Pitong Kuwento ni Anton Chekhov (P100)
Translated by: Fidel Rillo
Anton Chekhov, a Russian playwright and fictionist, is often esteemed as one of the three pioneers of early Modernism in theater, along with Henrik Ibsen and August Strindberg. His collection includes The Lady with the Dog, a short story published in 1899, which tells the love affair of Dmitri Gurov, a Moscow bank worker, and a young lady named Anna Sergeyevna whom he meets while on a vacation in Yalta. Vladimir Nabokov, a Russian-American novelist, once declared that it was one of the greatest short stories ever written.
Ang Kuwintas at Iba Pang mga Kuwento ni Guy de Maupassant (P100)
Translated by: Allan Derain
French writer Guy de Maupassant is considered one of the fathers of the modern short story. The Necklace, one of his most popular works, looks at the life of Madame Mathilde Loisel, a low-paid clerk who often imagines herself as an aristocrat. It is often lauded for the shocking twist in the end.
Sa Prága: Mga Piling Tula ni Jaroslav Seifert (P150)
Edited by: Roberto T. Añonuevo and Giancarlo Abrahan
Czeck poet Jaroslav Seifert was awarded the Nobel Prize in Literature in 1984 "for his poetry which endowed with freshness, sensuality and rich inventiveness provides a liberating image of the indomitable spirit and versatility of man." He was born in Zizkov, a suburb of Prague, and belonged to the extreme left wing of the Social Democratic Party, later the Communist Party in newly-formed Czechoslovakia in 1921.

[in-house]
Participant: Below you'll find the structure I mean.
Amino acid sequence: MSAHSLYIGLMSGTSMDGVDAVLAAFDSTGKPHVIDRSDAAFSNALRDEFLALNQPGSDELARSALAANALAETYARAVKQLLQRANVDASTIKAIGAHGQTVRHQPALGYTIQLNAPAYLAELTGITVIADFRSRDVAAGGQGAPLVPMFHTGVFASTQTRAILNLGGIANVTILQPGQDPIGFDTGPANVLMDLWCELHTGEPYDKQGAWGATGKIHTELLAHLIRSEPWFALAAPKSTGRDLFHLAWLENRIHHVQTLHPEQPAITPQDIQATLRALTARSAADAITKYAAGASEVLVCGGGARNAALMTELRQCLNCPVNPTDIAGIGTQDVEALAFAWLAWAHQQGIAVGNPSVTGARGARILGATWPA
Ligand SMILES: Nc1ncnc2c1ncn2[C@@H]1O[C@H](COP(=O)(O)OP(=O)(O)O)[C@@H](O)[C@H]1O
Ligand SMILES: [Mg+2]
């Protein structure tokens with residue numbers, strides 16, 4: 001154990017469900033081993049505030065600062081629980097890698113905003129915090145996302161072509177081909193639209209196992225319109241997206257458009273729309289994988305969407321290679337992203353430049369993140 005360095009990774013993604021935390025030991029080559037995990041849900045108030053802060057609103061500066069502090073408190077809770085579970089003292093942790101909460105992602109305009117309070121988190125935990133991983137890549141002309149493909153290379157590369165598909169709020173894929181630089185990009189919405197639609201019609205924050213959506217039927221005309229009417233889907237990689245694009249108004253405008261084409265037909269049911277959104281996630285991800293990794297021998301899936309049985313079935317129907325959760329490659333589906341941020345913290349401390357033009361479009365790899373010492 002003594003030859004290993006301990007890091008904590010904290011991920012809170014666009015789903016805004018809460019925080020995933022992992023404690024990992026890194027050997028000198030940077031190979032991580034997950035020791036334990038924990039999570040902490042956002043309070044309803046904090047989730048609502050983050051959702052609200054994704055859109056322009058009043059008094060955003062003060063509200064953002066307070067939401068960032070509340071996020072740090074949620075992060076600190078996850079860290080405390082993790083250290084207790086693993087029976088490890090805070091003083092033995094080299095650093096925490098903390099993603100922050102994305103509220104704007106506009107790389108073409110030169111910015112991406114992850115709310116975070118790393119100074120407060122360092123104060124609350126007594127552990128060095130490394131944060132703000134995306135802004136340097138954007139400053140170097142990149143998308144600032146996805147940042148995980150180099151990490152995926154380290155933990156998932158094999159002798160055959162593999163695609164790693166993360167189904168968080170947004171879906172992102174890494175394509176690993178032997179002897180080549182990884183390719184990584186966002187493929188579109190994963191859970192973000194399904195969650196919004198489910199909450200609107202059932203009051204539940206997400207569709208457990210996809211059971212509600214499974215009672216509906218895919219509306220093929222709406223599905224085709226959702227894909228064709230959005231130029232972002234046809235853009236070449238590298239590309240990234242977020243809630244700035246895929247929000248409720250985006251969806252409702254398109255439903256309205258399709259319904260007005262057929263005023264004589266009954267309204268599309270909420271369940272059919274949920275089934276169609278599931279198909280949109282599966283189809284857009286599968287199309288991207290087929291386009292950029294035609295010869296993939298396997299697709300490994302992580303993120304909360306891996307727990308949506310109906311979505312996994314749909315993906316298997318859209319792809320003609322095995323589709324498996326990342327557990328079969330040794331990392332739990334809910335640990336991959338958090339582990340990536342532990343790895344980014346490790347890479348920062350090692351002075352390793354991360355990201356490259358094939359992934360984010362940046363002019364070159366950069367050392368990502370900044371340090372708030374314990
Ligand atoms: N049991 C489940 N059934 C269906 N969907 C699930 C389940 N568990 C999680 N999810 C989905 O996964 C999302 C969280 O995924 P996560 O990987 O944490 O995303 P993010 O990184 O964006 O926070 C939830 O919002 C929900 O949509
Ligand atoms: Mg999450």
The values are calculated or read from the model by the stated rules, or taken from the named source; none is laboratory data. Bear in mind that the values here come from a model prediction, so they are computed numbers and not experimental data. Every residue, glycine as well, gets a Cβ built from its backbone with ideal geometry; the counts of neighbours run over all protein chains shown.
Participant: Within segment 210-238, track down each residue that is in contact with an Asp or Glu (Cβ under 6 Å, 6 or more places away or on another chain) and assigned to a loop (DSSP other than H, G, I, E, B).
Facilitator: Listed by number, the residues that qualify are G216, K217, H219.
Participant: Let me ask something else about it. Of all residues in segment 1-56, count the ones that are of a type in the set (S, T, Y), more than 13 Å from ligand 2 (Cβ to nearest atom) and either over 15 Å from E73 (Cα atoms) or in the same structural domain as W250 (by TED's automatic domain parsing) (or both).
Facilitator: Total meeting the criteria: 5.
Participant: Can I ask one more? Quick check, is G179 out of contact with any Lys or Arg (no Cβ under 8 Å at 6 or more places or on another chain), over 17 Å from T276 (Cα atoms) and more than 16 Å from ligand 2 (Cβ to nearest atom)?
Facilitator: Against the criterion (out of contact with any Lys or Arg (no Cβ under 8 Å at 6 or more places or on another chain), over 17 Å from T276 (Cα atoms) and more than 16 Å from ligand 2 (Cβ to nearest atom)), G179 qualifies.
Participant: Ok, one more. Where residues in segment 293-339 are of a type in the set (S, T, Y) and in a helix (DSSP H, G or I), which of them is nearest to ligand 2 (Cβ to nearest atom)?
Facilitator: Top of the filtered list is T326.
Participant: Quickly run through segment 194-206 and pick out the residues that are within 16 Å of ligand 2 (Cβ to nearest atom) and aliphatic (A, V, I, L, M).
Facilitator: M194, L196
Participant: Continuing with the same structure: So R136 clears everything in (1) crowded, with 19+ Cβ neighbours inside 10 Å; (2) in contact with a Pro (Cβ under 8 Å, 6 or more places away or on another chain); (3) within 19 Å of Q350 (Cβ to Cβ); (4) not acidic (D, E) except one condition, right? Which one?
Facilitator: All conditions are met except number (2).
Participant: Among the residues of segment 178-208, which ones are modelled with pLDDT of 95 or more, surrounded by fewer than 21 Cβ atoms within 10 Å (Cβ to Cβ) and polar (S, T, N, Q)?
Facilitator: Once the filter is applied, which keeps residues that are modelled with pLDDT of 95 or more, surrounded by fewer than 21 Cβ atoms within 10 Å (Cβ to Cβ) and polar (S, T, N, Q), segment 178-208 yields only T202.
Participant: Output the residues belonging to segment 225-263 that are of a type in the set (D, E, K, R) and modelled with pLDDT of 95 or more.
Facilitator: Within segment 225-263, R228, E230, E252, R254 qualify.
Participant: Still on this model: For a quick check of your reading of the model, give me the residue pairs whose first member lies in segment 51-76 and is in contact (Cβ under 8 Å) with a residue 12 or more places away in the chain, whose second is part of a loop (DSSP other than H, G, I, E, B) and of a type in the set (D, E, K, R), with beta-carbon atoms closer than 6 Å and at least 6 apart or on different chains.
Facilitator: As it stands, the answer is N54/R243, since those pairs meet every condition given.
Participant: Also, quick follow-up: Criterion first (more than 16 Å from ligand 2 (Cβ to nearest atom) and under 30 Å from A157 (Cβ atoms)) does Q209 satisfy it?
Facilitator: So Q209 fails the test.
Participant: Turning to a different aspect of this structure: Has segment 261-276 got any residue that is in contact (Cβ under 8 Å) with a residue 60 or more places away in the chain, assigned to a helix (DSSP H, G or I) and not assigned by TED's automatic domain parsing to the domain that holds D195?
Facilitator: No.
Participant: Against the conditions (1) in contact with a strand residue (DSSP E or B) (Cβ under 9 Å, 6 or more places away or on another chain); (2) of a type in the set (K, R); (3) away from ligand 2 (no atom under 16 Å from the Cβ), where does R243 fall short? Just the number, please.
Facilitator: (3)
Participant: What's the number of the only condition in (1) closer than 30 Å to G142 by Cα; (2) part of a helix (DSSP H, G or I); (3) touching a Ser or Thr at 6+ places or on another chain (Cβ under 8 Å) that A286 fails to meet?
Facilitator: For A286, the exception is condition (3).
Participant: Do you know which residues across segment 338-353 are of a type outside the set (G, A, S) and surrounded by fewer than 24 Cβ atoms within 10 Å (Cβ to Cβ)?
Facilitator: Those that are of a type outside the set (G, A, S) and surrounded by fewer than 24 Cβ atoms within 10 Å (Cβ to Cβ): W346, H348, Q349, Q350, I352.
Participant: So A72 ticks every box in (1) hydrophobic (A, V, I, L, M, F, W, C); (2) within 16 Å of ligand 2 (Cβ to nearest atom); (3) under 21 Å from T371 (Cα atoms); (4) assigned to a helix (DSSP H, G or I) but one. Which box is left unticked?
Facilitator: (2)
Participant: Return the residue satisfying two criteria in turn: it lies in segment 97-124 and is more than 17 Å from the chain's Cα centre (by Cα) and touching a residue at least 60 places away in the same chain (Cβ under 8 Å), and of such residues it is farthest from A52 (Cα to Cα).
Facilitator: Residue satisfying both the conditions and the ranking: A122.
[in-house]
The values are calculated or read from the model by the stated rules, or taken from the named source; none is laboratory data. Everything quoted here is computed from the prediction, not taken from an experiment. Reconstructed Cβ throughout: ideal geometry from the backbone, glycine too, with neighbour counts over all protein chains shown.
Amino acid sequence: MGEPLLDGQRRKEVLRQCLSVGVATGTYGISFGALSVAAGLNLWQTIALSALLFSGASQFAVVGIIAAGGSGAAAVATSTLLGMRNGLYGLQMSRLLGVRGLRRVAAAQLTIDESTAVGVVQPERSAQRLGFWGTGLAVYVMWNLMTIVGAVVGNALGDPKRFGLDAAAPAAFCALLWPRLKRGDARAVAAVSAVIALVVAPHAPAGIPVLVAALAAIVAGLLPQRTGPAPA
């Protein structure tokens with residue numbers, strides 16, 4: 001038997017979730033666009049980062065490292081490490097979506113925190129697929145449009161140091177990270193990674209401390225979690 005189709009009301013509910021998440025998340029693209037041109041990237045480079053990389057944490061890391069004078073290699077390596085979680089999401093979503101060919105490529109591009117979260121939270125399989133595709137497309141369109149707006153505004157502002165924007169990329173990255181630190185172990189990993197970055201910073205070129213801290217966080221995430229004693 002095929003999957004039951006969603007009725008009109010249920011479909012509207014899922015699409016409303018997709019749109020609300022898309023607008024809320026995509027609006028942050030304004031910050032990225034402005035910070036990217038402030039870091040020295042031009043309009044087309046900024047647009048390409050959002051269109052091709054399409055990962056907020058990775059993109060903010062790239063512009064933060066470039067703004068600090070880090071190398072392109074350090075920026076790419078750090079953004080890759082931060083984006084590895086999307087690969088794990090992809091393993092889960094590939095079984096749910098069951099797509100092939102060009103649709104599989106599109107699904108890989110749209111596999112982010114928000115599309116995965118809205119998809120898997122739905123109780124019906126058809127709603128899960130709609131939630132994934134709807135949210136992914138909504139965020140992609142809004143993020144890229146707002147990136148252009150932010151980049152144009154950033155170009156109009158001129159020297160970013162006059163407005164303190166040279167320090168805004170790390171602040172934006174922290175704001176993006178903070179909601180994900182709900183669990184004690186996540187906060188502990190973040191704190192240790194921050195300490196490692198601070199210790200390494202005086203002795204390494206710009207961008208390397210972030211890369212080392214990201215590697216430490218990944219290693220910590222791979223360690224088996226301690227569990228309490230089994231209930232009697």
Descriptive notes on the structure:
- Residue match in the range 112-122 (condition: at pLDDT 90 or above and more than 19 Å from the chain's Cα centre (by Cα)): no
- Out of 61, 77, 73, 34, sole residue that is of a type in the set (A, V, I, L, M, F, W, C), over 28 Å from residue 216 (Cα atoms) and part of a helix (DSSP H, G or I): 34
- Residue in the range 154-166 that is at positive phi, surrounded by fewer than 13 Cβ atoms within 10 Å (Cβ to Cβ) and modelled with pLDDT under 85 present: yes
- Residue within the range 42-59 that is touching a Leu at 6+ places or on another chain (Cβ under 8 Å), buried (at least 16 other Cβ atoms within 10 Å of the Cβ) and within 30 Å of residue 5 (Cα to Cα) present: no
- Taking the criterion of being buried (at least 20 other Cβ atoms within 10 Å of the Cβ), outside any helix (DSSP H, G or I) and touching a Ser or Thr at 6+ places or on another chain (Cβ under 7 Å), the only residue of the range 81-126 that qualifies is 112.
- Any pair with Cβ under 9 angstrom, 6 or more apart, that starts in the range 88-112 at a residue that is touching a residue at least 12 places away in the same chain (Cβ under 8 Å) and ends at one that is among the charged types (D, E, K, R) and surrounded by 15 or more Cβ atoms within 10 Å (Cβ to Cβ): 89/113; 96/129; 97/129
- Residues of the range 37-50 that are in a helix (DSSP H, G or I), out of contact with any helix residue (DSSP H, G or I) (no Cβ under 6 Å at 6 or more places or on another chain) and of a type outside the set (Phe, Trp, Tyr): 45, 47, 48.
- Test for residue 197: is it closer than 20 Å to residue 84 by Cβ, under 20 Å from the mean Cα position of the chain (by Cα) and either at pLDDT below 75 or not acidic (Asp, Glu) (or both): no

Gitanjali ni Rabindranath Tagore (P100)
Translated by: Virgilio S. Almario
Rabindranath Tagore became the first non-European to win the Nobel Prize in Literature in 1913 "because of his profoundly sensitive, fresh and beautiful verse." Gitanjali, a collection of 157 poems written in Bengali, was published in 1910, and later translated into 103 English poems by Tagore himself. Most of his works often revolve around themes of nature and spirituality.
Ang Metamorposis ni Franz Kafka (P100)
Translated by: Joselito Delos Reyes
Gregor Samsa, a traveling salesman with a dreary life, is the protagonist in the novella by German-language fictionist Franz Kafka. The Metamorphosis depicts Samsa's transformation into an insect-like creature. Critics regard it as one of the seminal works of fiction of the 20th Century.
Isang Pamaskong Awit ni Charles Dickens (P100)
Translated by: Nanoy Rafael
Who doesn't know A Christmas Carol and the bitter Scrooge? The old miser later meets the Ghosts of Christmas Past, Present, and Yet to Come and that of his former business partner who all paved the way to his transformation for the better. The Charles Dickens classic has become so widely known that the exclamation "Bah! Humbug" and the name "Scrooge" are now common pop culture references.
All books are available at Komisyon sa Wikang Filipino, J.P. Laurel Street, San Miguel, Manila. For more information, visit KWF’s official website.